The primary presentation of each Revels company is The Revels: In Celebration of the Winter Solstice, a fully staged, elaborately costumed, full-length theatrical production that changes scripts, themes, and traditions from year to year. Uniquely, these performances include multiple elements: music, dance, and drama, as well as story-telling and seasonal rituals. While each show is unique, there are a number of recurring elements that help to tie the experience to the broader Revels tradition. All these facets combine with the special Revels hallmark of audience participation: getting people out of their seats to sing and dance.
Purposefully, our Revels casts are intergenerational, non-denominational and multi-ethnic; it is particularly important for us that—in a city like Santa Barbara—those who are onstage reflect and represent our community at large. Our cast of almost 70 actors, singers, dancers, and instrumentalists combines select volunteers with seasoned professionals, and the two groups inform and energize each other, to create moving drama, music of the highest caliber, and an atmosphere of magic and mystery. The National Endowment for the Arts called Revels a new form of musical theater. Charles Donelan of the Santa Barbara Independent described our production as “educational, traditional and simply fun.”
December 1743: The Laird's neighbors gathered at his great manor-house to celebrate Hogmanay, or New Year's Eve. Tempers flared as the Clans converged, then subsided when the guests mingled, singing much-loved melodies, taking a cup together, dancing lively reels, and relating favorite stories. Suddenly, an unwelcome visitor appeared. Then, a mystery guest was revealed. Finally, a child's questions elicited a true understanding of the Yuletide. We followed the call to explore this ancient and beloved time and place!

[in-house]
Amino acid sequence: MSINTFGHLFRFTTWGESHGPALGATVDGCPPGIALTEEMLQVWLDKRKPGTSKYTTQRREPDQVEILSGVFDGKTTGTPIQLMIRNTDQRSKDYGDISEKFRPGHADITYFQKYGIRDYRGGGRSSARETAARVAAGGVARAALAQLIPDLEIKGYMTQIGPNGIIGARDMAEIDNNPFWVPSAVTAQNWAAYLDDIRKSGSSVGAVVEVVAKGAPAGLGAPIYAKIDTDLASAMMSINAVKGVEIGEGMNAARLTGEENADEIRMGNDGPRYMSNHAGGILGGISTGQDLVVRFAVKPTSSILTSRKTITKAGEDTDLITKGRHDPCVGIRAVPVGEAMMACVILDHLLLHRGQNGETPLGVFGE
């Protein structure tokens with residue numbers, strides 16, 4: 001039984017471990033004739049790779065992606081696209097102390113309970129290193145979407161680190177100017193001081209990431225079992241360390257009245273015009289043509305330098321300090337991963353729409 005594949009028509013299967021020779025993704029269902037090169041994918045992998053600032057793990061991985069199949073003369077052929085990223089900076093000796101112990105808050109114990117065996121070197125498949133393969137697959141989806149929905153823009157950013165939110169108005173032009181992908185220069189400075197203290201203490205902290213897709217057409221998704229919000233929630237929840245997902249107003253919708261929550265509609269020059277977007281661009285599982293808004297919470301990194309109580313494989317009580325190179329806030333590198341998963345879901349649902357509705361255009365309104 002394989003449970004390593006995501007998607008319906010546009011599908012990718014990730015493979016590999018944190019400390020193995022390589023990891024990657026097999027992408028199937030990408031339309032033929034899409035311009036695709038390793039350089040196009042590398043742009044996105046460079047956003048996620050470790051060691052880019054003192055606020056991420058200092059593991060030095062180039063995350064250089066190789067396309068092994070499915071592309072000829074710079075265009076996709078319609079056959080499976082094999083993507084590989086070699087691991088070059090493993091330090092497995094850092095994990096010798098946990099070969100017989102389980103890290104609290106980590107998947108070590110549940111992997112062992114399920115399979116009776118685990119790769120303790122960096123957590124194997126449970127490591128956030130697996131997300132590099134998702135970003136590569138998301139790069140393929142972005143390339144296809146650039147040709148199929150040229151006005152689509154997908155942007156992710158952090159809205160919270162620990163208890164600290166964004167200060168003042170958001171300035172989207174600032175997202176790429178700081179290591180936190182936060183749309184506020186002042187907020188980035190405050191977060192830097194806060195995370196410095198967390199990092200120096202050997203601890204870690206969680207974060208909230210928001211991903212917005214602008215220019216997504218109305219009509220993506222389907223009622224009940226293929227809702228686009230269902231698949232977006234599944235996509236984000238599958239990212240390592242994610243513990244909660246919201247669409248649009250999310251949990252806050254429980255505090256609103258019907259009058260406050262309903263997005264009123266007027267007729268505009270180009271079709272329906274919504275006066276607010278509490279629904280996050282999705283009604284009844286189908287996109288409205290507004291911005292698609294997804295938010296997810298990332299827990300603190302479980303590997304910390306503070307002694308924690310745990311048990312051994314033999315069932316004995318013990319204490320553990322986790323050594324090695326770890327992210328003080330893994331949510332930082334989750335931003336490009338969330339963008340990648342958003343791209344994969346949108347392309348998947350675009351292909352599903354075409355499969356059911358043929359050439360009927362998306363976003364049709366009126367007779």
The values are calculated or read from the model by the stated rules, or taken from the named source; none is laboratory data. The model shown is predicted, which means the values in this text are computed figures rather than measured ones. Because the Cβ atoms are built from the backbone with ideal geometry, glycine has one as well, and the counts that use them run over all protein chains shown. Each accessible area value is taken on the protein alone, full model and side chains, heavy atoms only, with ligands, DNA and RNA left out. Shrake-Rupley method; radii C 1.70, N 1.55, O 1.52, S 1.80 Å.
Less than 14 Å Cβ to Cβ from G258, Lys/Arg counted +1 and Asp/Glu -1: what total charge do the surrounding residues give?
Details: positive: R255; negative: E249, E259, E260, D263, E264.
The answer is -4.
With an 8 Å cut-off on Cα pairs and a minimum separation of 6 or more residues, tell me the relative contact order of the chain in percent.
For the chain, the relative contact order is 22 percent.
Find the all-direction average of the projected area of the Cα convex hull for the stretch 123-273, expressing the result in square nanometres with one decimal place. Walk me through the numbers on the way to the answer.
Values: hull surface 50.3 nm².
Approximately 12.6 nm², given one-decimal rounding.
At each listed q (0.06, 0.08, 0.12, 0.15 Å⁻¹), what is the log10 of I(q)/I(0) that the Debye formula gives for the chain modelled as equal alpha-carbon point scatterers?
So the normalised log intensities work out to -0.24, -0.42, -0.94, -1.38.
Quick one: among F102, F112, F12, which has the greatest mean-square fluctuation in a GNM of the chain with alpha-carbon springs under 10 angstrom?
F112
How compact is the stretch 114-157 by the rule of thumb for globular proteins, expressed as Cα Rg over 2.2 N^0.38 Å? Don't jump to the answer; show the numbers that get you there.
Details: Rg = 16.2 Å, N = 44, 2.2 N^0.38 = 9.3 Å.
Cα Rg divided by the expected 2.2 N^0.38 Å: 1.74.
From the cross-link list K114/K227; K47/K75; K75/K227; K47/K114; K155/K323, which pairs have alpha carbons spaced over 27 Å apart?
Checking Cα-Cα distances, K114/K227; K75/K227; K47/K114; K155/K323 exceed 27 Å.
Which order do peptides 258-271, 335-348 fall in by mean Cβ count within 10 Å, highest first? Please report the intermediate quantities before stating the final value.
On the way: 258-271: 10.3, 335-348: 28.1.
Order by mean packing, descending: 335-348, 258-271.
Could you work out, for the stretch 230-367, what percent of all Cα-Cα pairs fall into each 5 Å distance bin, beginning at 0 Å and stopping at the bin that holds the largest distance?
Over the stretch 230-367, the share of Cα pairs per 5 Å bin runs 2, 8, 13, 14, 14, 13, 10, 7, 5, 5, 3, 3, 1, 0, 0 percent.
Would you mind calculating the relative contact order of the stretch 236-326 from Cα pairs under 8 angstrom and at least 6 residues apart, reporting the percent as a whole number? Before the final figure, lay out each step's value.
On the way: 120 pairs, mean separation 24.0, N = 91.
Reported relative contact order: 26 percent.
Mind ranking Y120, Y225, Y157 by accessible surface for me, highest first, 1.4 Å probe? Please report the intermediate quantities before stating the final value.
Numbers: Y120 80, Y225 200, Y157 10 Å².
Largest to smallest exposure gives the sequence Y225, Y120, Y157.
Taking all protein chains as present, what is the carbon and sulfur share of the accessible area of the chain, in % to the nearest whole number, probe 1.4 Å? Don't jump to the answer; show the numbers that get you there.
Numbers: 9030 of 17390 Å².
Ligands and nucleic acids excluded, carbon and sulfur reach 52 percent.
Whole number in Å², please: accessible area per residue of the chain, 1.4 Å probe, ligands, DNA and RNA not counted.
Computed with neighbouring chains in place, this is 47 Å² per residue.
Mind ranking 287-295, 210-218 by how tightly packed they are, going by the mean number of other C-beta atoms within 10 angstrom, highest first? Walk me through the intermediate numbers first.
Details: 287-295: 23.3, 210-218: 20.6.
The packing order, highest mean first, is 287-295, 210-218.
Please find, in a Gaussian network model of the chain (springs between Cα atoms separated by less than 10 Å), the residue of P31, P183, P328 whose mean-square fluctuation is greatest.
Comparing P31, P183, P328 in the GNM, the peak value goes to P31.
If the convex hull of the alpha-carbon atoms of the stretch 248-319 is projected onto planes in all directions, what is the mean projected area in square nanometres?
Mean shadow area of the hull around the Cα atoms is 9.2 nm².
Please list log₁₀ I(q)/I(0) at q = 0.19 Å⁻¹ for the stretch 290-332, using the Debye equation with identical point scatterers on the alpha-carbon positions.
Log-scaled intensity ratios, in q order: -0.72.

See photos and download the program booklet on the 2022 Gallery page.
Every Revels performance includes a mummer’s play. This traditional enactment of death and rebirth finds its roots in primitive ceremonies held throughout Europe to mark important stages in the agricultural year. In a traditional mummer’s play a character is killed and is then resurrected (usually by a quack doctor). In the Revels, the play is representative of the character’s hope to “drive the dark away” and celebrate the Winter Solstice “the shortest day,” and the beginning of longer days and springtime rebirth to come.
One part of many winter Revels performances that captures the mystery of mid-winter celebration is the Abbots Bromley Horn Dance, an age-old procession of 10 to 12 figures, six men carry sets of caribou horns, followed by a hobby horse, a man dressed as a woman, a boy with a bow and arrow, and a fool who periodically dings a small triangle. The Revels dance choreography was inspired by an all-day procession still done each September in the tiny town of Abbots Bromley in Staffordshire, England. The dance is serpentine and includes a figure in which lines of five dancers each approach and retire and cross and repeat, with some clashing of the horns.
At the conclusion of the first part of every Revels, the chorus and audience join in a serpentine song and dance, based on Sidney Carter’s song, “Lord of the Dance,” an adaptation of the Shaker song, “‘Tis a Gift To Be Simple.”
The song and dance is a brief experience of shared celebration and is, for many, the community high point of the show. Since Morris dancing has long been centrally connected to celebrations of the return of spring, this joining of audience and chorus is introduced by a unique Morris dance choreographed by Carol Langstaff in Cambridge in 1971 for the first Revels. The dance features steps taken from five village Morris traditions. They are danced by two dancers at stage center until the song ends and dancers and chorus members dance with the audience around the theater.